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For Your Consideration: The Music of the OscarsR

The OscarR nominations are out and this year's been all about the nostalgia factor. There's been a fascination with revisiting the past. Whether to remember it, long for it or find meaning from it. See "Hugo," "Midnight in Paris," "The Tree of Life," and most notably, "The Artist." In fact, only one film in the Best Picture category is set completely in modern day. But I'm not here to talk about the movies; I'm here to talk about the music! And the music is reinforcing this nostalgia, transporting the audience to another place, another time. Let's take a look at the 2012 OscarR music nominees. Original Song:

"Man or Muppet" from "The Muppets," music and lyrics by Bret McKenzie

I personally love musicals, everyone breaking out in song and dance. It's just wonderful. I must also bring up the nostalgia theme here, perfect for those of us who remember it from our childhood. It's a movie about finding the Muppets, including a where-are-they-now montage and a reunion with the characters. And it has great odds, a 50/50 chance since there're only two songs in the category this year.

"Real in Rio" from "RIO," music by Sergio Mendes and Carlinhos Brown and lyrics by Siedah Garrett

Usually animated features rank high in this category. "RIO" is about a domesticated parrot who must learn to fly while escaping captors in Brazil. Fittingly, this song transports you to the bustling streets of Rio, with drum beats and pops of hip-hop, all while from The Black Eyed Peas. Mendes headed the group Brasil '66, whose sounds are a perfect accompaniment to this movie.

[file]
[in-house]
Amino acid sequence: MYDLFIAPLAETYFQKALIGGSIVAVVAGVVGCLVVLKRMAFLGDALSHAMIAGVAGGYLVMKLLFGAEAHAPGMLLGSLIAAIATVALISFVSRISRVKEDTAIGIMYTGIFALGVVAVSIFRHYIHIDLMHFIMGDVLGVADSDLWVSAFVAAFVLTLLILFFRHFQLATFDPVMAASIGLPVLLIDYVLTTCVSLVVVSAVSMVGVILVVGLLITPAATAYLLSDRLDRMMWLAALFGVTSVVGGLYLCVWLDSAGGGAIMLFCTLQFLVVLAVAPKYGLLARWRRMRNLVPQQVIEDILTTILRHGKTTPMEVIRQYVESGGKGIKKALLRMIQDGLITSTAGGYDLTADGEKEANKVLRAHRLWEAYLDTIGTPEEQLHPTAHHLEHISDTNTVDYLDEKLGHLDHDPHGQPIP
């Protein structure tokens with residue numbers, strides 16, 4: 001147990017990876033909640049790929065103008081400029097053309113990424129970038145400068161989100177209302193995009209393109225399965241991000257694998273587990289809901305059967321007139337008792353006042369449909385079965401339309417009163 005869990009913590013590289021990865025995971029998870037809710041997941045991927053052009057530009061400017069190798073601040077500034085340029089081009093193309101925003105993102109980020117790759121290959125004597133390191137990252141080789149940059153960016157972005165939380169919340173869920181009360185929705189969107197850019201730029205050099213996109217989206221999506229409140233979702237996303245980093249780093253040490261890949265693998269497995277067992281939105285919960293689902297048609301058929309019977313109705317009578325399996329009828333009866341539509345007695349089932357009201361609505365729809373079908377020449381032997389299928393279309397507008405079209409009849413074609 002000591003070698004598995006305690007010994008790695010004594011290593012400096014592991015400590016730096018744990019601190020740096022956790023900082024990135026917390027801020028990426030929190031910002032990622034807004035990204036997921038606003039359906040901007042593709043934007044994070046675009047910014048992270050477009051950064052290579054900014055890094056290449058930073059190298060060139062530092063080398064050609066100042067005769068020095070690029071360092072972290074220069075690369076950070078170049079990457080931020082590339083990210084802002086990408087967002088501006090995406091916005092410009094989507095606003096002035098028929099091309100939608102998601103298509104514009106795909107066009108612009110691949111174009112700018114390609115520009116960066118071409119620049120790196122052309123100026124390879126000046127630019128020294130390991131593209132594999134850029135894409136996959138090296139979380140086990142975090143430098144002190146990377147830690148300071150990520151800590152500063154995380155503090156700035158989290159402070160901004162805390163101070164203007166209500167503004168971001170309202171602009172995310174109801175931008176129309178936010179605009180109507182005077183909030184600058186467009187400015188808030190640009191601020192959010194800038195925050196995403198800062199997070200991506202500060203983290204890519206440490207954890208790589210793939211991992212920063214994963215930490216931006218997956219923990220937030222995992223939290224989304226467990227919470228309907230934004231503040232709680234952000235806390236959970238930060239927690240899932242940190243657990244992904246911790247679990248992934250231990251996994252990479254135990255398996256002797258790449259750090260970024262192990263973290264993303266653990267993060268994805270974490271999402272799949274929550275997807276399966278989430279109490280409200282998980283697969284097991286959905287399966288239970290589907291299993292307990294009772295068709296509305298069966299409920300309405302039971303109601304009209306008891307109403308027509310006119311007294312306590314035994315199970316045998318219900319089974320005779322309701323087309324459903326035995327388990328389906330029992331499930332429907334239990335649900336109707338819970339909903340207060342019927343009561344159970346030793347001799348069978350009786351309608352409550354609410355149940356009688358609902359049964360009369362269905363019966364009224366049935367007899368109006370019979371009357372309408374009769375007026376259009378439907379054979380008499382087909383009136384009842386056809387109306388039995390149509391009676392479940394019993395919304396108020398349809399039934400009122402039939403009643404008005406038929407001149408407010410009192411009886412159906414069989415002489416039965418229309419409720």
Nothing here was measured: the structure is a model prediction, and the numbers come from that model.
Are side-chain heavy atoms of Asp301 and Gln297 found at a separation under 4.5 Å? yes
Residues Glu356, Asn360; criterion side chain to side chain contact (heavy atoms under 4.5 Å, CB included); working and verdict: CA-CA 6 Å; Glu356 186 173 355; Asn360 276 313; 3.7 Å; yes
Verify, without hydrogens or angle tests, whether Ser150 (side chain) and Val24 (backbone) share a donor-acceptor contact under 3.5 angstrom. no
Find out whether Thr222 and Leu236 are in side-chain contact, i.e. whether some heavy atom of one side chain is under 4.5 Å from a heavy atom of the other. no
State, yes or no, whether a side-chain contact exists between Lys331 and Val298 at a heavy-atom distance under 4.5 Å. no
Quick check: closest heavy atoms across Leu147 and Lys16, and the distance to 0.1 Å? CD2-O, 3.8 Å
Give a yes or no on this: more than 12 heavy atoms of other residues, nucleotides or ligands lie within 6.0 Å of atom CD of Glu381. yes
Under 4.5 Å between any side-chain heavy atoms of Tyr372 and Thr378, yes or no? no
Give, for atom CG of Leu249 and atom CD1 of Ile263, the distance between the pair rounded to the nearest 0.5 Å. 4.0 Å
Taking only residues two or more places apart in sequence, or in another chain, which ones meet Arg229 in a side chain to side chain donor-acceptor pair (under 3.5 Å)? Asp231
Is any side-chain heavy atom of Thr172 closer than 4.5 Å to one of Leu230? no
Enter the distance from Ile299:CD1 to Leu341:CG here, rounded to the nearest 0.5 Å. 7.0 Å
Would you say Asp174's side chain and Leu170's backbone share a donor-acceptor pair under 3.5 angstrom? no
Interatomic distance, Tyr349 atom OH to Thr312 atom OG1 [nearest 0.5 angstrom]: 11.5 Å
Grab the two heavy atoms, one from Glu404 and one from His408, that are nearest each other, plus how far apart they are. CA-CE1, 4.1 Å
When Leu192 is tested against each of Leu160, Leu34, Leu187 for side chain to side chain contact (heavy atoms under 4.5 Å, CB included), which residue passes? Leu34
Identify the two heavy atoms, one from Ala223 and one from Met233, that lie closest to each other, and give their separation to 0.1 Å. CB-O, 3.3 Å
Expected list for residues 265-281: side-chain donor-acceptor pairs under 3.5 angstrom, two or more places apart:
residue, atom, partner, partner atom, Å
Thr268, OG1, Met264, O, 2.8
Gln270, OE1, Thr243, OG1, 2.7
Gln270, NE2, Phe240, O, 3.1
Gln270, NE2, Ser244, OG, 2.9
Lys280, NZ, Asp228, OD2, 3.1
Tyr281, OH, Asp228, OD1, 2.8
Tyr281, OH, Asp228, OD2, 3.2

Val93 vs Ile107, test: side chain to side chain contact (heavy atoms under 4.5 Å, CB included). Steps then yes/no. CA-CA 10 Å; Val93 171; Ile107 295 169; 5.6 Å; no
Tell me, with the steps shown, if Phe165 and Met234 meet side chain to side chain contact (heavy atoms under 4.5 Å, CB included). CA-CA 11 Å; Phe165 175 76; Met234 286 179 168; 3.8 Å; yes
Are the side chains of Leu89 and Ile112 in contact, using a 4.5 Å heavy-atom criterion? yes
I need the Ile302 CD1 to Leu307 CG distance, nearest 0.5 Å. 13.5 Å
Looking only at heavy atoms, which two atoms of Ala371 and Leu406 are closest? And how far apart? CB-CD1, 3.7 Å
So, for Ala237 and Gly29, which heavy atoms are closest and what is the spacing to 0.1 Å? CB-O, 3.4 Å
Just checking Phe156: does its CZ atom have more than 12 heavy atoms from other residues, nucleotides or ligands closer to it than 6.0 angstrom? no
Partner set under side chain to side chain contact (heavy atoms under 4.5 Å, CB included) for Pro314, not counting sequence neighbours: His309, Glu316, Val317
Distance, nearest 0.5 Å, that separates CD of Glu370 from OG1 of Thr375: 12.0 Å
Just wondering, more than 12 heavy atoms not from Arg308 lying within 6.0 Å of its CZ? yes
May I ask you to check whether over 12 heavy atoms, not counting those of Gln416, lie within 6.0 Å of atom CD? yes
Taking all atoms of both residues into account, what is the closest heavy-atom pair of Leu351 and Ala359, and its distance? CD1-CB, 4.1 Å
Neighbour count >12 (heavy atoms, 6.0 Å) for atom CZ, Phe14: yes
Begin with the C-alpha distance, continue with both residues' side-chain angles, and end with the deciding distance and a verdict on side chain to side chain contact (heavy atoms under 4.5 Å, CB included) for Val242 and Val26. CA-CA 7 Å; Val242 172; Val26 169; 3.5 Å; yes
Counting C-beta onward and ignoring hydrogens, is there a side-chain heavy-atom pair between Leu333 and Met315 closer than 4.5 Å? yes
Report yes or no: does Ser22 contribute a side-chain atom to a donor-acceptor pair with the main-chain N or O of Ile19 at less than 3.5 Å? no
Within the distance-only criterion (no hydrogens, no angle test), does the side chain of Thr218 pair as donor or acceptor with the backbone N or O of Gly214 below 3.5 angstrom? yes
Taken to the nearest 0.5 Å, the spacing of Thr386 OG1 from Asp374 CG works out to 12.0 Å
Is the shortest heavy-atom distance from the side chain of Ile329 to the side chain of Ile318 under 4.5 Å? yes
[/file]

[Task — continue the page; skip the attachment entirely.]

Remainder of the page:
Original Score:

"The Adventures of Tintin," music by John Williams.

John Williams is probably the most well-known composer out there. You know the Darth Vader Theme from "Star Wars?" That's John Williams. He's been nominated A LOT. I loved this movie, but I don't think the music made a strong enough impression.

"The Artist," music by Ludovic Bource.

"The Artist" is a silent film. Well, not completely silent, obviously there's a soundtrack. In fact, it can be viewed as a character itself. This film wouldn't be as successful without an enthralling and emotional score as its back bone. Relatively unknown before composing the music for "The Artist," Bource is a pretty good bet, considering he's already won six awards for this score, including a Golden GlobeR.

"Hugo," music by Howard Shore.

I love the French influence in this score. Shore is another power player in the world of motion picture composers. He has worked on many films with Peter Jackson and David Cronenberg as well as, of course, Martin Scorsese.

"Tinker Tailor Soldier Spy," music by Alberto Iglesias.

There was a score in this movie? I hardly even noticed. Iglesias has been previously nominated and has done scores for many Spanish-language films - but it won't matter here.

"War Horse," music by John Williams

John Williams is nominated twice in the same category!? That hasn't happened since...2005. He always works with Spielberg. Audiences are tearing up during this epic, thanks to the heart-string-pulling tones right at those pivotal scenes.

For my annual Oscar pool, I'm going to have to go with...(insert drum roll)..."The Muppets" for best song and "The Artist" for best score.

What're your picks for the 2012 OscarsR? See a full list at the Academy's website.

Image courtesy of stock.xchng

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